Open access peer-reviewed chapter

Crush Injuries of the Hand Part I: History, Mechanism and Pathomechanics

By Roohi Sharifah Ahmad and Pho Robert Wan Heng

Submitted: June 20th 2017Reviewed: March 21st 2018Published: November 5th 2018

DOI: 10.5772/intechopen.76658

Downloaded: 465

Abstract

This chapter, the first of two; deals with the basics of crush injuries of the hand as opposed to crush syndrome. The definition is explained and the differences are outlined. A journey through the historical review of the causative mechanisms gives the reader an insight into the machines inflicting a spectrum of injuries and their sequelae. We see how the tools either remain the same or change with time, exacting similar types of injuries but in a different manner and timescale due to mechanisation. Thus it is vital to grasp the mechanics to get a basic understanding of the pathomechanics, enabling one to address the injury by reversing the inflictive force while maintaining respect for the machine. These are humbling injuries that require experience, expertise and enterprise by a dedicated and cohesive team always open to learning.

Keywords

  • crush
  • hand
  • injuries
  • mangled extremity
  • trauma

1. Introduction

Crush injuries of the hand pose a challenge to even the most accomplished of hand surgeons, whether it is a minor fingertip injury sustained by getting squashed in a closing door or a high pressure compression injury involving the palm or wrist.

A crush injury is defined as compression of the extremities causing muscular and neurological disturbance [1] and in the upper limb is sustained when the fingers, hand or wrist are caught between two surfaces (sharp, blunt, smooth or irregular) forcibly producing damage to the skin and its enclosed contents of soft tissues and bone. The degree of damage is proportional to the amount of force applied per square inch and the duration the compression is in place. Thus a crushing element is present in almost all hand injuries be it distributed over a narrow segment as in a guillotine amputation of a finger or diffusely spread as in a roller injury.

Prolonged compression in heavy machinery in a more proximal part of the limb may induce additional systemic sequelae known as the crush syndrome. This was first described in the German language literature by Von Colmers, following the 1909 Messina earthquake and by Frankenthal during the 1916 World War I air raids as cited in Better [2]. The English Language literature, however, was only enlightened by Bywaters and Beall after the 1940 London ‘Blitzkrieg’ of World War II, where they outlined the pathogenesis of crush syndrome and its potential systemic effects of myoglobinuria leading to acute renal failure causing the patient’s demise hours or even days later [3]. He described alkalinisation of urine as a method to prevent the acute renal failure and subsequent deterioration, which has stood the test of time. Michaelson defined continuous prolonged pressure on the limbs of at least 4 hours duration prior to extrication as causing crush syndrome [4]. Fortunately, crush injuries to the hand distal to the wrist have less systemic manifestations primarily due to a smaller muscle bulk. They are however otherwise no less dramatic and have evolved over the years associated with technological developments in human endeavours (Table 1).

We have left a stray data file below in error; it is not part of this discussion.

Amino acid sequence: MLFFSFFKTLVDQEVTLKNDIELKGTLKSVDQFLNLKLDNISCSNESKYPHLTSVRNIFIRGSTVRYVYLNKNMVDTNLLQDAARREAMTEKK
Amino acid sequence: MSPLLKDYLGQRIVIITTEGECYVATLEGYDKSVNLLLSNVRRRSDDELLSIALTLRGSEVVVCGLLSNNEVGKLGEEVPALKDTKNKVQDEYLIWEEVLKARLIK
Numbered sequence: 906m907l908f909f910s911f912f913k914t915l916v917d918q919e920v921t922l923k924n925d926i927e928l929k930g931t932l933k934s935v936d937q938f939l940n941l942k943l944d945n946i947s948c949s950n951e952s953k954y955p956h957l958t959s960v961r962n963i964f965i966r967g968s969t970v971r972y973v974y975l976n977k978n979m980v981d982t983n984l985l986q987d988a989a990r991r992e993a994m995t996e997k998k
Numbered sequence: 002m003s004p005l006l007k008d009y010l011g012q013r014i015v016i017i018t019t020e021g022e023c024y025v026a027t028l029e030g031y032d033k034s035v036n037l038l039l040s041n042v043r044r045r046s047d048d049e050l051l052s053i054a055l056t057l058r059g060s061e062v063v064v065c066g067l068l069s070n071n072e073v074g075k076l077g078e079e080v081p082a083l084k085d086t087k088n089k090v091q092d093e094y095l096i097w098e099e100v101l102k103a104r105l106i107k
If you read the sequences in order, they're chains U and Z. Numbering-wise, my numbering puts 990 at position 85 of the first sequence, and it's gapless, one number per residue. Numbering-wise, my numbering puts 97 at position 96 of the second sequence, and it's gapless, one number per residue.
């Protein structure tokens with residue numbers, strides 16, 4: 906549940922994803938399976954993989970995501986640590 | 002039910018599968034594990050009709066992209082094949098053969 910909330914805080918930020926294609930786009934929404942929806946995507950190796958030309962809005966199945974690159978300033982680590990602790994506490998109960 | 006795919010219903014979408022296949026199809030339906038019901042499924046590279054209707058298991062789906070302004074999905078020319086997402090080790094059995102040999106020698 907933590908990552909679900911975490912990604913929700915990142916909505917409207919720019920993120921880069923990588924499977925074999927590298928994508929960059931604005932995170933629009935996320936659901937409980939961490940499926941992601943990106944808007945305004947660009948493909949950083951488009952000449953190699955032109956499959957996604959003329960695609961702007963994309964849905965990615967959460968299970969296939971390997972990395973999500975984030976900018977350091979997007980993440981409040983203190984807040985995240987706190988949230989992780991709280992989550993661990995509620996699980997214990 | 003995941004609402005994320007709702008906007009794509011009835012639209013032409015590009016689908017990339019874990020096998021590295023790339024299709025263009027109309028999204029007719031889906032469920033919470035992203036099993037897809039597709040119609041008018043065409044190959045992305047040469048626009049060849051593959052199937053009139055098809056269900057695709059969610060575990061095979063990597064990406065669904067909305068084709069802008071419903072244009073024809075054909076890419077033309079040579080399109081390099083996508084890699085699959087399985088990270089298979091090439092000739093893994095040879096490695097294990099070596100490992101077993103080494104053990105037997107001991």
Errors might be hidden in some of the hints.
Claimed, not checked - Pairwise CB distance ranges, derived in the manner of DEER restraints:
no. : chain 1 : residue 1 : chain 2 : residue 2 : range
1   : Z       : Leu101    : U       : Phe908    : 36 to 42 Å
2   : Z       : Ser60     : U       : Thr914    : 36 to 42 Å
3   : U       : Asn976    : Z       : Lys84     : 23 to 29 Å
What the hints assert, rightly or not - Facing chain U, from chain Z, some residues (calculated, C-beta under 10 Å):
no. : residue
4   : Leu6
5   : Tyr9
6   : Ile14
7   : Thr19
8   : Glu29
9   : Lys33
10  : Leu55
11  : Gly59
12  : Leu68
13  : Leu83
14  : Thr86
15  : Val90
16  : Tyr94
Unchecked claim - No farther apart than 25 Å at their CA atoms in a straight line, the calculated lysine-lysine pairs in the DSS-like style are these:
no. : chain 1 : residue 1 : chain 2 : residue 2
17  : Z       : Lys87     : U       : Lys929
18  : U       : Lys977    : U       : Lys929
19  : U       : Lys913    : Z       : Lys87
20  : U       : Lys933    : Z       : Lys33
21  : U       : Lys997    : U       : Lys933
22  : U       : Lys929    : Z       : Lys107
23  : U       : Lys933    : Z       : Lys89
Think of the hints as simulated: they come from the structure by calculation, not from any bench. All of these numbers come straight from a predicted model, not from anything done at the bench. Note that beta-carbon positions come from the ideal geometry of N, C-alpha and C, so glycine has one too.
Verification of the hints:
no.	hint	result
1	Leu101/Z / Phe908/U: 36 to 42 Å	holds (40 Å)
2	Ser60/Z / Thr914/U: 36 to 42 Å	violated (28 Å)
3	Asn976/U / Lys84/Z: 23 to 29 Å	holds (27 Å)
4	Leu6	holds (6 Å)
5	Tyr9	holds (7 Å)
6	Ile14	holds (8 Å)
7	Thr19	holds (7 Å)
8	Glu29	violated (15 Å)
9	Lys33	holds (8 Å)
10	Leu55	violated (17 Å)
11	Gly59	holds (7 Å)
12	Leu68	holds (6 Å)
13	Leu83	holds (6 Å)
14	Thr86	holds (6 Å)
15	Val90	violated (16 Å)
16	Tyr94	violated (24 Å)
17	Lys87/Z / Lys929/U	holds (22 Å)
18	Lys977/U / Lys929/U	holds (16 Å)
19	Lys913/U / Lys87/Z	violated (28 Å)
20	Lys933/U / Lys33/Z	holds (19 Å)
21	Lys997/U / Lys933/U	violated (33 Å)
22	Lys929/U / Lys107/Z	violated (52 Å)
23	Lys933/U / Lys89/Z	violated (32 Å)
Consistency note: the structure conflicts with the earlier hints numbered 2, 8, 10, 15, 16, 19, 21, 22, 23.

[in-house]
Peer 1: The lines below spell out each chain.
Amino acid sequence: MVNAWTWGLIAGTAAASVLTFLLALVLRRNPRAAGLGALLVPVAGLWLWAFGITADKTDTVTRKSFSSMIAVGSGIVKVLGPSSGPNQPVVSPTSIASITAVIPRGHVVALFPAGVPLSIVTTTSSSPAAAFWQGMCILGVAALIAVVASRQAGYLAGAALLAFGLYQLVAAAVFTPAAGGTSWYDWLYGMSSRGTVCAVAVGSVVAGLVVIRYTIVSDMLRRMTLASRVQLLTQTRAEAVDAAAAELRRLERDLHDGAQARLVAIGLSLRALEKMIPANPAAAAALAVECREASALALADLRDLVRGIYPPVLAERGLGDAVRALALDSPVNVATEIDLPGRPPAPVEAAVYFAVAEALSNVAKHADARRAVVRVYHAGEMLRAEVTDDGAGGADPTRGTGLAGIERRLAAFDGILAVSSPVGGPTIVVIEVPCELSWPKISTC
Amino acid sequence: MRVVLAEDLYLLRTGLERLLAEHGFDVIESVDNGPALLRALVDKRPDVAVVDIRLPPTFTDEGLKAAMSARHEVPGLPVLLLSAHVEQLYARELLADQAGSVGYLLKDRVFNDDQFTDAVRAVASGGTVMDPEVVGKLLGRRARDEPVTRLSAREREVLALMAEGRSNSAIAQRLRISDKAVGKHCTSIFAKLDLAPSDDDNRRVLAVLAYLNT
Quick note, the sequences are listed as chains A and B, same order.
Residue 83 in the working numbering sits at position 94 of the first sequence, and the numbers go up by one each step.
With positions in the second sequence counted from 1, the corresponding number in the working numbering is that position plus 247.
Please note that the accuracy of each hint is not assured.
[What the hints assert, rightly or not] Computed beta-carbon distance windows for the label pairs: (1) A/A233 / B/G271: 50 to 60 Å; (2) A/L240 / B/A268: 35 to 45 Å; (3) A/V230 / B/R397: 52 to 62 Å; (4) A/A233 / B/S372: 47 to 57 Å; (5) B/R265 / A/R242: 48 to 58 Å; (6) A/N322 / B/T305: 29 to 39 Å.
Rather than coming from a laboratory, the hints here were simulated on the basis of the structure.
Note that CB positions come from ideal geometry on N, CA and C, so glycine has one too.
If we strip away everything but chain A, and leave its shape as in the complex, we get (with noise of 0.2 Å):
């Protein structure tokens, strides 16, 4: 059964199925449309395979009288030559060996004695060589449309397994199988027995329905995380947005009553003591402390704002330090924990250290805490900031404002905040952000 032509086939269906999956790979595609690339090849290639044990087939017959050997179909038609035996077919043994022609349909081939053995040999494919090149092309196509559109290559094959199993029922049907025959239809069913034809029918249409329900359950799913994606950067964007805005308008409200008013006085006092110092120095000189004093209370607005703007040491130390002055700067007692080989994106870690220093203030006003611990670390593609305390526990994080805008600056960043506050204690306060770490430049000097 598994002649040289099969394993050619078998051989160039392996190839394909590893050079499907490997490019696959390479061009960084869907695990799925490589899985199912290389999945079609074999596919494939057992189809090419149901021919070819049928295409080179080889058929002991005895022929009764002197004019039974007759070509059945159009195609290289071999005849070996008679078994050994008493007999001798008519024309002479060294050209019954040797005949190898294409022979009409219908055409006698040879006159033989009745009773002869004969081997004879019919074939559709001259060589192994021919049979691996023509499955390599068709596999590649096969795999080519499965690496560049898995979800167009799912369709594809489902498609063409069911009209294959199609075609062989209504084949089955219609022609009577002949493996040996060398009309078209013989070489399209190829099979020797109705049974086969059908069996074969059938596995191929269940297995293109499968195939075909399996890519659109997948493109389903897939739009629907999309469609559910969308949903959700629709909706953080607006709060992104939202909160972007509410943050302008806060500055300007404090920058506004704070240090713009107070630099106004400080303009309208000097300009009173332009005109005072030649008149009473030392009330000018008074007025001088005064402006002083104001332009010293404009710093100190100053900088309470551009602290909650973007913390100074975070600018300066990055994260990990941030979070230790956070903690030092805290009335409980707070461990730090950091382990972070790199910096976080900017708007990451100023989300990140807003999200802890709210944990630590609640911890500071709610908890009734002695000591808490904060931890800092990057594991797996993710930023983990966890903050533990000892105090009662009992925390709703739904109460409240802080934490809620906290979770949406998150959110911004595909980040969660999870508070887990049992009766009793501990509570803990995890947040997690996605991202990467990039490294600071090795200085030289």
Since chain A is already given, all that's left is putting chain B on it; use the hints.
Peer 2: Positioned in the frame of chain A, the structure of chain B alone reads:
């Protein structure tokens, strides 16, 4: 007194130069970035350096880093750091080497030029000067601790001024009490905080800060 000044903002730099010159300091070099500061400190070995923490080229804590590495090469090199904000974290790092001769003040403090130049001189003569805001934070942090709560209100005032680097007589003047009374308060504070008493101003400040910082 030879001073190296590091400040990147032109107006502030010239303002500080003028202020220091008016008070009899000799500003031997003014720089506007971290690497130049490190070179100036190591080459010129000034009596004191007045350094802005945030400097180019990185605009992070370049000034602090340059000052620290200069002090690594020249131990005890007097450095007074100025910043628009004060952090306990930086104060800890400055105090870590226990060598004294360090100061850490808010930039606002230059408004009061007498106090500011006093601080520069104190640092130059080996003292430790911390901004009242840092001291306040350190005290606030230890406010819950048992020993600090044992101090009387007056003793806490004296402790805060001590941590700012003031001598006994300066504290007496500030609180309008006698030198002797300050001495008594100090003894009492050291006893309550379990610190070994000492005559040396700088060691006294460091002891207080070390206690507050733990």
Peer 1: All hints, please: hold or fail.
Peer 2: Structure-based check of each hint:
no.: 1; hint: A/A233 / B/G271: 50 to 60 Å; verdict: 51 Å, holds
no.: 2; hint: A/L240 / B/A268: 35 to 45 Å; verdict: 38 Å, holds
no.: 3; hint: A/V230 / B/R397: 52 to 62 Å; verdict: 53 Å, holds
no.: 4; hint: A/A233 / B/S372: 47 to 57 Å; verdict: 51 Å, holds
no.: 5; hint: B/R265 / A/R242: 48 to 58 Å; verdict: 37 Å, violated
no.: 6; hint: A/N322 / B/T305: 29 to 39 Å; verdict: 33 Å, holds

Time and causative factorAuthorsYear
Agricultural age
Machines on the farm
Corn picker injuryRobinson and Hardin1955
Campbell DC et al.1979
Gorsche and Wood1988
Grain auger injuryGrogono1973
Beatty et al.1982
Farm machinerySimpson1984
Farm-related InjuriesChun1999
Woodwork related mishaps
Woodworking toolsHeycock1966
Chain saw injuriesHaynes et al.1980
Wood splitter injuriesJaxheimer et al.1981
Industrial age
Industrial machines
Wool carderSmith and Asturias1968
Wringer injuryMacCollum et al.1952
Electrical machines
EscalatorsCampbell Reid1973
Meat mincersAl-Arabi and Sabet1984
Sugarcane juice extracting machineRajput and Daver1999
Dough sheeterCarriquiry and Arganaraz2005
Noodle-making machineJu et al.2015
Motors
Rotary lawn mowers and snowblowersBarry and Linton1977
Roll over injuryHarris and Wood1978
Roll bar handCharters and Davis1978
Overturning motor vehicleMehrotra and Crabb1979
Forklift1999
Information age
Roping injuryMorgan1984
Roping injuryKirwan and Scott1988
Pay phone receiver cordLesavoy1984
Sports related
SoccerCurtin and Kay1976
KarateNieman and Swann1977

Table 1.

Causes of crush injuries over the last 50 years.

2. Historical review

2.1. Mechanism of injury

2.1.1. The agricultural era

This period brought about some of the most devastating effects from the corn picker injury as first described by Robinson in 1955 and later by Campbell in 1979 and then Gorsche in 1988 [5, 6, 7], and later by the equally if not more devastating Grain Auger injury which cut swathes at multiple levels [8, 9]. In the mid 1960s to early 1970s when the oil embargo of the Arab states diverted energy sources away from fuel to firewood, a higher incidence of injuries with wood working tools was reported by Heycock in 1966 [10], the modern (and fatalistic) version of which is the chainsaw or circular saw injury (Figure 1) [11] and the motorised wood splitter injury [12]. The advent of industrialisation into the agricultural sector saw farm machinery and farm-related injuries coming into the scene in the 1980s and 1990s being a challenge due to the high contamination [13, 14].